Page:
The Cellular Jail was regarded by the freedom fighters all over the country as a place of pilgrimage. It was here the British Government used to send “dangerous prisoners”. The construction of the Cellular Jail was taken up in 1898 and completed by about 1906.
The structural specialty of the Cellular Jail is that the whole jail consists of cells. Each cell was meant for one inmate only and hence the name. Cellular Jail originally had seven, three storeyed wings with a total of 698 cells, radiating from a central tower which had an additional storey to facilitate watch and ward.
The nationalist prisoners were the for the first time brought to this jail on March 10, 1858. Later in 1872, the British converted it into a cellular one following the assassination of Lord Mayo by a convict and named it as ‘Kalapani’. This jail has also been the location for many Indian movies, the most famous being a Malayalam movie ‘Kalapani’. Convicts were sent to these islands and interned in the Cellular Jail. Many political prisoners and revolutionaries were prisoned here during the freedom struggle. In those days, prisoners were not allowed to communicate with their friends and relatives on the mainland except once in a year. Even the letters coming from mainland and newspapers subscribed by the prisoners were censored before being given to them. While fighting against this tyranny some political leaders had to lay down their lives and many prisoners had gone insane in the Jail and ended their live by committing suicide.
In the Cellular Jail Museum more than 200 photographs of all freedom fighters who were in the Jail are exhibited. Reports about the atrocities, the Jail authorities used to commit on these days and published in national newspapers on the mainland are on display. Certain paintings on the barbarous treatment meted out to the prisoners, utensils, vessels, uniforms etc. of the prisoners used in those days and the tools, machines which the prisoners were made to operate, on great personal risk are all in the museum reminding us the untold sufferings of the freedom fighters while languishing in the Cellular Jail.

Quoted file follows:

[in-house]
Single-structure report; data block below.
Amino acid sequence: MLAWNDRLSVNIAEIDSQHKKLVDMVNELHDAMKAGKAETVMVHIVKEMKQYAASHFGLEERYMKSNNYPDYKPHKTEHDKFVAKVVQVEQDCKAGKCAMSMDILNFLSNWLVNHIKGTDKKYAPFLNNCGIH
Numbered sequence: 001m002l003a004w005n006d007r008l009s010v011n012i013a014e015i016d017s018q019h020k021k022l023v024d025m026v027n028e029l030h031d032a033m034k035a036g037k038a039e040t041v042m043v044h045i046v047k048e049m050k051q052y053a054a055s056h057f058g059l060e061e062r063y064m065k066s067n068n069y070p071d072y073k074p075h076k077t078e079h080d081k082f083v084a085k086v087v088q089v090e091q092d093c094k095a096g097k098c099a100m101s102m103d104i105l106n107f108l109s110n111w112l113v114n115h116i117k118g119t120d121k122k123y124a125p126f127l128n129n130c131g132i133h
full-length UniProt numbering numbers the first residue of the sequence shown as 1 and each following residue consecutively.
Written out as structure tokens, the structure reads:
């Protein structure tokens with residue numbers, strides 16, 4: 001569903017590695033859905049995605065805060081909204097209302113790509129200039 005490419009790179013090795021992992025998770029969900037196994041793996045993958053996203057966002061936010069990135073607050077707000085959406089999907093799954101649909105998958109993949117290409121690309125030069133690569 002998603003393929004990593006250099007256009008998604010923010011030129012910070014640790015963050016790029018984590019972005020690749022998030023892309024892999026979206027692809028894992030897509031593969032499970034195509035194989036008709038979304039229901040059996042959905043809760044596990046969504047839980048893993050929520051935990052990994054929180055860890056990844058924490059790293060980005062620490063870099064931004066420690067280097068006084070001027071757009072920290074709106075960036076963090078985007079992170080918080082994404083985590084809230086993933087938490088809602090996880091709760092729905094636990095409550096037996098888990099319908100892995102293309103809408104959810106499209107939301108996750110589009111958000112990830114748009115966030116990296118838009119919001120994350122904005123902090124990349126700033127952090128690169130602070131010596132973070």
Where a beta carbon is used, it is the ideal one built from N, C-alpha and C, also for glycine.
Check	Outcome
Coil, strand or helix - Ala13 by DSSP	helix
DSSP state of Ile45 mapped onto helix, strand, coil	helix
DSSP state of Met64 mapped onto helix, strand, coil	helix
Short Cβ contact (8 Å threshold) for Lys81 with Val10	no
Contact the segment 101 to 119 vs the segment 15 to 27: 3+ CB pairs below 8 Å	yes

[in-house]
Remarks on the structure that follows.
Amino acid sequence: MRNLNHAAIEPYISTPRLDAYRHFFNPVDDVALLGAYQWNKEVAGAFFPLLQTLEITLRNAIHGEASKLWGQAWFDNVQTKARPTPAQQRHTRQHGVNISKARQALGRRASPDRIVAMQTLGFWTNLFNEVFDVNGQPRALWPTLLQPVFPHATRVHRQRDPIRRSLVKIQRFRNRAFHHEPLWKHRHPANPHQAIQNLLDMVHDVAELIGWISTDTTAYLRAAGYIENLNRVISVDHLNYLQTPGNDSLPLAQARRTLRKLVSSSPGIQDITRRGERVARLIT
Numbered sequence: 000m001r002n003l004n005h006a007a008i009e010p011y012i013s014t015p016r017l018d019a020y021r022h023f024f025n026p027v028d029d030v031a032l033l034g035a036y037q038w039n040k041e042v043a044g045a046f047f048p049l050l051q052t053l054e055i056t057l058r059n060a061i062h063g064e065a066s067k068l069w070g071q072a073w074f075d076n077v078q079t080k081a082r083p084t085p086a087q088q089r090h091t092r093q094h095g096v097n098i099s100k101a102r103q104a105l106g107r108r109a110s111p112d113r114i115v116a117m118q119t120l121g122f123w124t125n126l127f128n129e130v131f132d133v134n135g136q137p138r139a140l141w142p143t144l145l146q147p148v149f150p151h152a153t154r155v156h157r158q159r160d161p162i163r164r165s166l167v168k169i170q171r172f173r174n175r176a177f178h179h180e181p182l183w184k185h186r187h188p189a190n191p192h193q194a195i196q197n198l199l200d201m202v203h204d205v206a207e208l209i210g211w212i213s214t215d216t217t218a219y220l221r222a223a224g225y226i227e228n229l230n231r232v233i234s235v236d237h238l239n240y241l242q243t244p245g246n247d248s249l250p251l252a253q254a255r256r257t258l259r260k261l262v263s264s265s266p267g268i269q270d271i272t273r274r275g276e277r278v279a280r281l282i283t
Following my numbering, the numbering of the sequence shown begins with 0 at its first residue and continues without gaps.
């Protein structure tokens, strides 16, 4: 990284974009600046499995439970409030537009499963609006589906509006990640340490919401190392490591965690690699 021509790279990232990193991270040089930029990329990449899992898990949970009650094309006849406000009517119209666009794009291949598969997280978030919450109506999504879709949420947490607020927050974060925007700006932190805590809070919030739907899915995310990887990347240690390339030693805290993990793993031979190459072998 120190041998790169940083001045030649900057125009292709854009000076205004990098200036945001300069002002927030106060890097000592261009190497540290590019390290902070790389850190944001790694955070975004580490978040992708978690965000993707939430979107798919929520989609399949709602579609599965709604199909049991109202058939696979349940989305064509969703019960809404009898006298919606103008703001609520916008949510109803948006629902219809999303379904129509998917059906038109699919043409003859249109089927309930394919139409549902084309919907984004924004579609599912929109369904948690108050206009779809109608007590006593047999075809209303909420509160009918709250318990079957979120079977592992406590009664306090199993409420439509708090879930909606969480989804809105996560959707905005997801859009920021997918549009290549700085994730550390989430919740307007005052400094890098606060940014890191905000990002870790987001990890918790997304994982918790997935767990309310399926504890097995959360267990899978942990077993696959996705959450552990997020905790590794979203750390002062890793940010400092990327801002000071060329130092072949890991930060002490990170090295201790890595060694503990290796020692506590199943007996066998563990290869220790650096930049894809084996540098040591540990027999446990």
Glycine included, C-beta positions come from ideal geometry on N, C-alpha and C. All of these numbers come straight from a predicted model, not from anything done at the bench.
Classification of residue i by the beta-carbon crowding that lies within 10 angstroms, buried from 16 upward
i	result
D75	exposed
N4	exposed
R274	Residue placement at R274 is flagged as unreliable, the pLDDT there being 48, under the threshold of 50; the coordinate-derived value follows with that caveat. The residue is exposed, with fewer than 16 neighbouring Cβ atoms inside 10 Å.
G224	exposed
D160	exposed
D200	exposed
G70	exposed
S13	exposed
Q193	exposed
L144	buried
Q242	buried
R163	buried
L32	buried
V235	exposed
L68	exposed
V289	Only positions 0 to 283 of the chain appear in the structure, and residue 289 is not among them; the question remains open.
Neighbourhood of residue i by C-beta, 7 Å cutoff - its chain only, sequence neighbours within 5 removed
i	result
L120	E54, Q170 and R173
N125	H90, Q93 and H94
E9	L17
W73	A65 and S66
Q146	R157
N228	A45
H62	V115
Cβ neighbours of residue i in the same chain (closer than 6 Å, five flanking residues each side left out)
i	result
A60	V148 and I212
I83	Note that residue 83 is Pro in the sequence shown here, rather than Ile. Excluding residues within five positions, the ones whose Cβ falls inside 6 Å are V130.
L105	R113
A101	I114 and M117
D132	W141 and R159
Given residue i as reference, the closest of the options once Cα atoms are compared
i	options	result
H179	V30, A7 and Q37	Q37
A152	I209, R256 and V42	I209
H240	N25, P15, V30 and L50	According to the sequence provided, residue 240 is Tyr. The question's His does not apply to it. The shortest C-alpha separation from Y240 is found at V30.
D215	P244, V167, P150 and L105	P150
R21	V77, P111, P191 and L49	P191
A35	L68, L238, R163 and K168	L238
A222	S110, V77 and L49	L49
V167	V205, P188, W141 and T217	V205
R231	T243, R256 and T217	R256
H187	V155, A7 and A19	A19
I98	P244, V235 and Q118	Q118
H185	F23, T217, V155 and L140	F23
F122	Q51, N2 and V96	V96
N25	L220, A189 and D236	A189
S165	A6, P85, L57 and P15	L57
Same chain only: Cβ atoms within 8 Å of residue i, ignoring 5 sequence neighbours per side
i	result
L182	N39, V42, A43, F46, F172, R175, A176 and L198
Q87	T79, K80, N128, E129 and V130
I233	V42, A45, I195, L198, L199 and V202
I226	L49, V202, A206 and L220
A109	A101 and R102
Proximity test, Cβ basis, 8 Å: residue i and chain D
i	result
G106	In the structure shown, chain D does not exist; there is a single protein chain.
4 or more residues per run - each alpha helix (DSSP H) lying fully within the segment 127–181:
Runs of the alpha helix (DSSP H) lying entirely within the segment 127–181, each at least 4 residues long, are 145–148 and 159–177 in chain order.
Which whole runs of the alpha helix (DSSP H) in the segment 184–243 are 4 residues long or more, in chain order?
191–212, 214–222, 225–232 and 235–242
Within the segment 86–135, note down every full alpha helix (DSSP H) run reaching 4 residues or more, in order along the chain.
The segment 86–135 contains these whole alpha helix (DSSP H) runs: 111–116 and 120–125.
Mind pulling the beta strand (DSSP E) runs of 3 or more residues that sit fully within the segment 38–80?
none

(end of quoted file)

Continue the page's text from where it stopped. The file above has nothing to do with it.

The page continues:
In 1941 earthquake caused considerable damage to the Jail building. During the Japanese occupation from March 1942 to October 1954 further damage was caused to the building. All this finally resulted in the demolition of four out of the seven wings of the Jail. At preset there are only three wings and these stand as silent monument to the great patriot’s and martyrs who were interned in this Jail, who had to sacrifice their lives at the altar of their country’s freedom. The jail was declared a national memorial on December 30, 1997.
A sound and light show is held here about the historical events regarding this jail. Admission fee to the Cellular Jail: Rs.5
Camera / Video: Rs.10 / 50
Timings: 9 00 – 12 30 hrs & 13 30 – 17 00 hrs from Tuesdays to Thursdays.